New American Garden at Bath’s rebranded American Museum & Gardens

The American Museum & Gardens, formerly the American Museum in Britain, recently celebrated the opening of its £2m New American Garden.

Although the garden project was largely funded by US donors and designed by Washington-based landscape architects Oehme, Van Sweden, several local firms were charged with the task of bringing the project to life.

Built environment consultancy, Nash Partnership, explained that creating the new American Garden involved considerable re-contouring of the land around Claverton Manor, which houses the museum, to make newly planted areas as accessible as possible. Nash Partnership handled the planning application necessary to change the setting of the Grade 1 listed building and its gardens on the Historic England Register of Historic Parks and Gardens.

Nash Partnership’s Laurence Ingram, project architect for the pavilions, worked closely with local Wraxall Builders who constructed the two structures, and Ironart of Bath who manufactured the intricate metal work, gates and railings.

Commenting on the project, he said: “We have been involved with the museum’s development for over 20 years and we are delighted to see the results of our work on the latest phase, the New American Garden. It is a fine example of collaborative design and craftsmanship combining to deliver something special for a discerning client.”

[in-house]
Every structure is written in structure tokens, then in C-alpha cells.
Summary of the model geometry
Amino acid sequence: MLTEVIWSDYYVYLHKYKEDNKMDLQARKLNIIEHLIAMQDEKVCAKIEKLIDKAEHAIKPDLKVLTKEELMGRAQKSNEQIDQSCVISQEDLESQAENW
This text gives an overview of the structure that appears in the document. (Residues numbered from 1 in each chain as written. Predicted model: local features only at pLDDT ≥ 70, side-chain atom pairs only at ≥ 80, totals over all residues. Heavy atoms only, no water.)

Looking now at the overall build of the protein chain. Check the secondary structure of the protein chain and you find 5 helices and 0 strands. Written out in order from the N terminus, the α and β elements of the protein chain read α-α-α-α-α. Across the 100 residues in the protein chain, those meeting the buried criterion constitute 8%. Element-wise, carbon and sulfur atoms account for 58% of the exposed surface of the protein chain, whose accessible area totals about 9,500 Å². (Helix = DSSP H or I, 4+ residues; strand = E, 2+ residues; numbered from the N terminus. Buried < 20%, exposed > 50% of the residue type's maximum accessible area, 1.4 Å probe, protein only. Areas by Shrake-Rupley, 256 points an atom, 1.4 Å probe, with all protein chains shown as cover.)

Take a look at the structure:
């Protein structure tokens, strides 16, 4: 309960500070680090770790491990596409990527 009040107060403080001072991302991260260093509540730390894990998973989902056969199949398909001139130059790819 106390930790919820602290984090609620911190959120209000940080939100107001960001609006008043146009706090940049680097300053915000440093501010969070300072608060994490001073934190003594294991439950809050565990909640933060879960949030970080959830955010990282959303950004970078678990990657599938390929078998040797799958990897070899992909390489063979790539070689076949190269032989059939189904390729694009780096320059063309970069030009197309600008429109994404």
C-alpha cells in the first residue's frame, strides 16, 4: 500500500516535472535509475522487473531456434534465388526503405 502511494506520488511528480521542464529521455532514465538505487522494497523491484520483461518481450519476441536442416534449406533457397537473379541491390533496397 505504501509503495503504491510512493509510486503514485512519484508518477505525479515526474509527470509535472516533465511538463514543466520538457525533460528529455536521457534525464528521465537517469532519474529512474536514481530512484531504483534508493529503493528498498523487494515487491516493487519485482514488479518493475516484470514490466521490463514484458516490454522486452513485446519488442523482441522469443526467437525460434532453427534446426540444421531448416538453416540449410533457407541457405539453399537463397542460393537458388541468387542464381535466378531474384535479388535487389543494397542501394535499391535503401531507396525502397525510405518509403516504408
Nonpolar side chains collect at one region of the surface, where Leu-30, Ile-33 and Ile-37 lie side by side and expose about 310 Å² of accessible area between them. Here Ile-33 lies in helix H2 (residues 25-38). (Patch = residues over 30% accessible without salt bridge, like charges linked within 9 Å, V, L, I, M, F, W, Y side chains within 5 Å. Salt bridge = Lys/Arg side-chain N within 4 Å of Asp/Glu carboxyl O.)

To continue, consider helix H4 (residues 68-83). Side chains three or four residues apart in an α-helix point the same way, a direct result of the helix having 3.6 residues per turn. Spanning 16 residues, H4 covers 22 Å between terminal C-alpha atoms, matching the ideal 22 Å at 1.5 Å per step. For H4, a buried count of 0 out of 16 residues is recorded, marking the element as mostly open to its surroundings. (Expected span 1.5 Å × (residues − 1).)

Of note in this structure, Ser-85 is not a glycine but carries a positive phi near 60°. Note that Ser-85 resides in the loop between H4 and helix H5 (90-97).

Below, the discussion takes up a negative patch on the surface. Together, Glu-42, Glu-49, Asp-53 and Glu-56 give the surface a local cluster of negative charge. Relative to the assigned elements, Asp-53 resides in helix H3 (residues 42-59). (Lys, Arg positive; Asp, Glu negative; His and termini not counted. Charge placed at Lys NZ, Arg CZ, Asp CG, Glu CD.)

Bath-based agency, Touchpoint Design, was responsible for creating a new brand identity to reposition the museum as a country house experience with gardens. As part of the work, the museum was renamed the American Museum & Gardens.

The new logo incorporates elements of the museum’s buildings and surrounding landscape, including the Ionic pilasters and pediment on the south façade of Claverton Manor and the curves of the Winding Way footpath through the new garden.

Touchpoint Design also carried out a complete redesign of the museum’s wayfinding — applying the new identity to signage, interpretation panels, planting plans, and a visitor map. The firm worked closely with Freestyle Designs of Bath to ensure the signage worked with the garden design and was sensitive to the environment.

Commenting on the rebranding, Sue Bush at Touchpoint Design said: “It’s a fantastic attraction and Bath should be proud that it has the only museum outside of the US dedicated to celebrating American culture. Our intention is that the new branding attracts a wider audience and that the new signage around the site helps to guide visitors through the wonderful grounds as clearly and discreetly as possible.”

Other local firms involved include landscape architect Tom Chapman, who project managed the redesign, and Parsons Landscapes.

The New American Garden opened on Saturday September 15.